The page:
Looking back at MLG

2016 was a year of change for Major League Gaming (MLG), the North American-based eSports organisation. Early in the year, Activation-Blizzard announced the acquisition of the company.

This heralded a new beginning for the company. The brand will be used to spearhead Activision-Blizzards eSports presence, with games like Call of Duty and Overwatch having events ran by MLG, while still continuing to run non-Activision games such as Gears of War and Halo.

The acquisition brings an end to the initial run of Major League Gaming, founded in 2002. Games like Halo CE and Tekken were titles that helped grow the company from a local LAN, to the renowned name it is today. eSportsFitness.org looks at some of the pivotal moments of MLG in the pre-Activision era.

Debut on the USA network

In 2006, MLG and Boost Mobile partnered up to broadcast MLG Halo on the USA Network, and later G4. The weekly show was the first time any gaming league was broadcast on US Television. Being produced post-event, the program offered a much more polished experience compared to a regular live stream.

Since then, very few leagues have been able to command a consistent footing on Television, a testament to how much of an achievement this was for MLG at the time.

ESPN partnership in 2008.

In 2008, ESPN showed some interest in the Halo eSports scene. The partnership included a title sponsor for its LAN events, Friday nights being exclusive streamed on ESPN’s website, as well as a host of ESPN sponsored content.

Many felt it was only a matter of time until ESPN, and other sports network’s would make an even bigger investment into the scene. It did not happen as quickly as some would have though, ESPN did not make further steps into esports for many years. Fast forward to the current day, ESPN now has its own eSports news division, and multiple sports networks now have a much larger footing in eSports worldwide.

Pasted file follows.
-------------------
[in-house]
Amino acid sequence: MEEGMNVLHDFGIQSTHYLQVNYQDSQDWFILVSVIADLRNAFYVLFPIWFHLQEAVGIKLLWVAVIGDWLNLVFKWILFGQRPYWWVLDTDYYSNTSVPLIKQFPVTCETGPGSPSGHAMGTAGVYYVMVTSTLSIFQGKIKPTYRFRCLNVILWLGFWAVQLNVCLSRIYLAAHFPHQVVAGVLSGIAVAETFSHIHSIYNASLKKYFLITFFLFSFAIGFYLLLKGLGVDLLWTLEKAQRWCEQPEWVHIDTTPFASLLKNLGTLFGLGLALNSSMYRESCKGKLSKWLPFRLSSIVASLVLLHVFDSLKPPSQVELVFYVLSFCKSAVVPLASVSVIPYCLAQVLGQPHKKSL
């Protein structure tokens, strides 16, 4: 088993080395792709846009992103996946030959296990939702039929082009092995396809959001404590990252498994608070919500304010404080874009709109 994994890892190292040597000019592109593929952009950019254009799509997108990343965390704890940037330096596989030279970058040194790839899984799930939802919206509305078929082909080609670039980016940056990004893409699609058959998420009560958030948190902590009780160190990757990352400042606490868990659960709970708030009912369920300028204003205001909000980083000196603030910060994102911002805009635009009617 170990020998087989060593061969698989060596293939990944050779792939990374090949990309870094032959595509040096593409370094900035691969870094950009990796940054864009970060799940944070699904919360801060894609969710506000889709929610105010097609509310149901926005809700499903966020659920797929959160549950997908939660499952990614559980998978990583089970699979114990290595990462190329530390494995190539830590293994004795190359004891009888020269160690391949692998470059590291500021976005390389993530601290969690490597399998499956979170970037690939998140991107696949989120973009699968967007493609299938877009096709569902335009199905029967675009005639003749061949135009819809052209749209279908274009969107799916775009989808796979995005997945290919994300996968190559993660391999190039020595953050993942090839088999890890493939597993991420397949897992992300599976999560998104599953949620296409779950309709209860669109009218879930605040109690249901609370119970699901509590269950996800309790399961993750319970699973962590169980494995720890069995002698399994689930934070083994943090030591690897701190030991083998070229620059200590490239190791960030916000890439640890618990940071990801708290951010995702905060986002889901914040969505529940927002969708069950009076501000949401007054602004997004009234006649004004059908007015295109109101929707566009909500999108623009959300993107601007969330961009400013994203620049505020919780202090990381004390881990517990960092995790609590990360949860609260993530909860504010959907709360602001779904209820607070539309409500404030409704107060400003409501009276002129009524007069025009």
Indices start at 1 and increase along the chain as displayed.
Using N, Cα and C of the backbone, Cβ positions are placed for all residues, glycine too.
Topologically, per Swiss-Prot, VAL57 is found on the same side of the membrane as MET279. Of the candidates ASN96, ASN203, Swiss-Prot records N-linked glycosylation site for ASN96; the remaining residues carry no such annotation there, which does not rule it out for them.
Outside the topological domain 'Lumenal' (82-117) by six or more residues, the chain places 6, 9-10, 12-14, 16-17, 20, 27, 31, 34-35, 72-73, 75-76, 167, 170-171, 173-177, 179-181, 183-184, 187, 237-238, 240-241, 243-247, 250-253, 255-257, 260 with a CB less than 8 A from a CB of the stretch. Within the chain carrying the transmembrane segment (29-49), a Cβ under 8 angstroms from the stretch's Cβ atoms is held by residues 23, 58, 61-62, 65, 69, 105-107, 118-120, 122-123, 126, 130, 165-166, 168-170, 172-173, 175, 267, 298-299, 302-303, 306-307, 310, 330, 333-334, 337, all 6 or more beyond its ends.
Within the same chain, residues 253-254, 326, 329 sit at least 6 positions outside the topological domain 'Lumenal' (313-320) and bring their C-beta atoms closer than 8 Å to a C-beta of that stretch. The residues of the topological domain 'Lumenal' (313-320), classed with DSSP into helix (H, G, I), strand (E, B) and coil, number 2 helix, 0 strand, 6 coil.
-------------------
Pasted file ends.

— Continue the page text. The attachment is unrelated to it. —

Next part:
Dr Pepper Bottles

Dr Pepper bottle promoting Major League Gaming and the team Str8 Rippin. (Handout.) No credit

In 2008, MLG announced Dr Pepper as the official beverage sponsor of MLG. As part of the deal, Tom Taylor, a professional Halo player, appeared on 175,000 bottles of DrPepper.

This partnership garnered a lot of press at the time, even leading to Dr Pepper experiencing a notable increase in sales. MLG and Dr Pepper have maintained a solid business relationship for many years.

MLG picks up Starcraft in 2010


Despite the excellent partnerships and venture capital MLG had achieved at the time, the company in 2010 had not progressed as much as anticipated. Despite being a live even t juggernaut, Halo’s online viewership was not enough to take the company forward. In 2010, MLG ran a low key Starcraft 2 event at its national championship, gaining a lot of interest.

From that point on, MLG poured it’s resources into Starcraft, bringing in a much larger and diverse audience. Halo was no longer the focus, as Starcraft became a much more lucrative option in the coming years, representing a new stage in MLG’s life where it was no longer dependant on one game.

MLG.launches MLG.tv


Twitch, spawning from Justin.TV, has become a staple of the Internet, providing a platform for people around the world to spectate others playing games.

In 2013, MLG announced its own streaming platform, MLG.tv. This was an attempt to compete with Twitch. MLG.tv focused primarily on competitive players, reportedly offering a much larger amount to entice streamers away from Twitch.

The platform was also used exclusively to stream MLG’s future events, moving away from the much more popular Twitch.

The move was met with negative feedback. Games at the time, under the MLG umbrella, could not grow as much on the MLG.tv network. To this day, Twitch remains the top streaming platform. With Youtube and Facebook beginning to live stream, how long will that last?

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